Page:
Heading to Bangkok now that the Thai government has given the all-clear? Find a cool way to escape the city heat: -5 Ice Bar, tucked inside the Jameson’s Pub, is so bracingly cold you may just need to wear one of the bar’s loaner parkas.
Multidiscipline whiz kid Pharrell Williams has added Curator to his impressive list of occupations. A 700-piece exhibit of artist-designed toys, This is Not a Toy, runs through May 19 at the Toronto Design Exchange. Williams guest-curated the show and many of the toys come from his personal collection.
Winter break has a way of sneaking up on parents anyway, but a couple of snow days spent shooing kids away from computer screens makes the spectre of another long stretch of empty days at home unthinkable.
Arriving on the scene like a spandex-clad superhero is Cape Cod’s Sea Crest Beach Hotel. The recently renovated low-rise beachfront property ticks all the boxes for a winter family stay:
onefinestay—which is kind of like airbnb.com’s wealthy Auntie Mame—offers posh private apartments for short-term rentals. If you're a well-heeled traveler interested in privacy and space without sacrificing the services of a hotel, they've got the digs for you. Fine linens, fluffy towels, discreet maid service, and even a iPhone fully loaded with local recommendations will make you feel right at home, or even better, during your stay.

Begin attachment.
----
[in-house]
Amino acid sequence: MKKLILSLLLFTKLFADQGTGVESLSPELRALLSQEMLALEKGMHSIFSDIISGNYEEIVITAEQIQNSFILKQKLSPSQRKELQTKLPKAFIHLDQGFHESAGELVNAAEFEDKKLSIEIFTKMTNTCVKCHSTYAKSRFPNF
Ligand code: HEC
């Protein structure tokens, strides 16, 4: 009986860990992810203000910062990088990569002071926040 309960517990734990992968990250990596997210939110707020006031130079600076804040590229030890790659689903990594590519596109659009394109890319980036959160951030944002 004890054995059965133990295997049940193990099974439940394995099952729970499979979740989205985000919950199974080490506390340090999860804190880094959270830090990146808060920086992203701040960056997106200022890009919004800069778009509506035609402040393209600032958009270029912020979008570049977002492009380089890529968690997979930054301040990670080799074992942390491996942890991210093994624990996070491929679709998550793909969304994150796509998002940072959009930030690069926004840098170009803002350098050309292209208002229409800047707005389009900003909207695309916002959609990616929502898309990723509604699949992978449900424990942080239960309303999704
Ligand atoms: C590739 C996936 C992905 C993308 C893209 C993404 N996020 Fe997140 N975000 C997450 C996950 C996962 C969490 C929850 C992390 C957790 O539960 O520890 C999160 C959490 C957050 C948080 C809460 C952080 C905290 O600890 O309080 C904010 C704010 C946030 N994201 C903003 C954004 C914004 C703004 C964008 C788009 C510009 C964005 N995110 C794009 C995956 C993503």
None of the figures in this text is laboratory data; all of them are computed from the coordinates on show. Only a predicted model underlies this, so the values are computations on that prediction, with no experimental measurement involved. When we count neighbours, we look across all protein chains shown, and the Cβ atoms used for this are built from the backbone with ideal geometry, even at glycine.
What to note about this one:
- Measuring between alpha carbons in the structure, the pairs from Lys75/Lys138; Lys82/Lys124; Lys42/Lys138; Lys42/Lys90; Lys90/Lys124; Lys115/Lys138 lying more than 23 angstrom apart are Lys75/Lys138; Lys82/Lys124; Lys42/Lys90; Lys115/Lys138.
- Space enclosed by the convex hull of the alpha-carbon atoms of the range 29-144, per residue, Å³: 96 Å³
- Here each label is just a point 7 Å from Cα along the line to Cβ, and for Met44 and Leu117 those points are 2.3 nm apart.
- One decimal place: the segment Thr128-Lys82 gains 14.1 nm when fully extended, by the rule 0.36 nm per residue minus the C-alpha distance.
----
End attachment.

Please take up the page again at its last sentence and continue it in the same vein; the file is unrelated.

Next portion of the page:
Until recently, onefinestay limited its offerings to homes in London and NYC (some of which, we’re told, belong to celebs, so check the family photos for familiar faces), but has now extended its boundaries to include Paris and Los Angeles. So if you’re planning a trip to those cities, peruse some of their swank—and sometimes surprisingly affordable— possibilities for accommodations.
Hotel ZaZa, a Texas mini-chain of boutique hotels, retains a fleet of vehicles available to guests at their Dallas and Houston properties. The kooky lineup includes an art car, a hearse, a car with Texas longhorns mounted on the grill, and a police cruiser.
If you want to make a dramatic entrance, the ZaZas will squire you there in idiosyncratic style. No one will forget your name after you pull up to a trade show in a hearse.
Why settle for a plain old limo when you could join the ever-growing list of former teen stars slumping in the backseats of patrol cars?
Ann Shields is a senior digital editor at Travel + Leisure.
This weekend at NYC’s Hester Street Fair (Saturdays, 10am-6pm, Hester Street and Essex Street, hesterstreetfair.com), amid the foodcarts and vintage clothes vendors, a booth featuring travel-themed homegoods called On the Fringe, caught my eye. Decoupage artist Wendy Howard transforms old travel brochures and maps into trivets and coasters, ideal host/hostess gifts for summer travelers, or for graduates taking off for points unknown. (I kept picturing them arranged side-by-side behind my kitchen sink as a map-themed backsplash…)
On the Fringe (onthefringe.ws, coasters $6 each or 4 for $20; trivets from $15- $25.)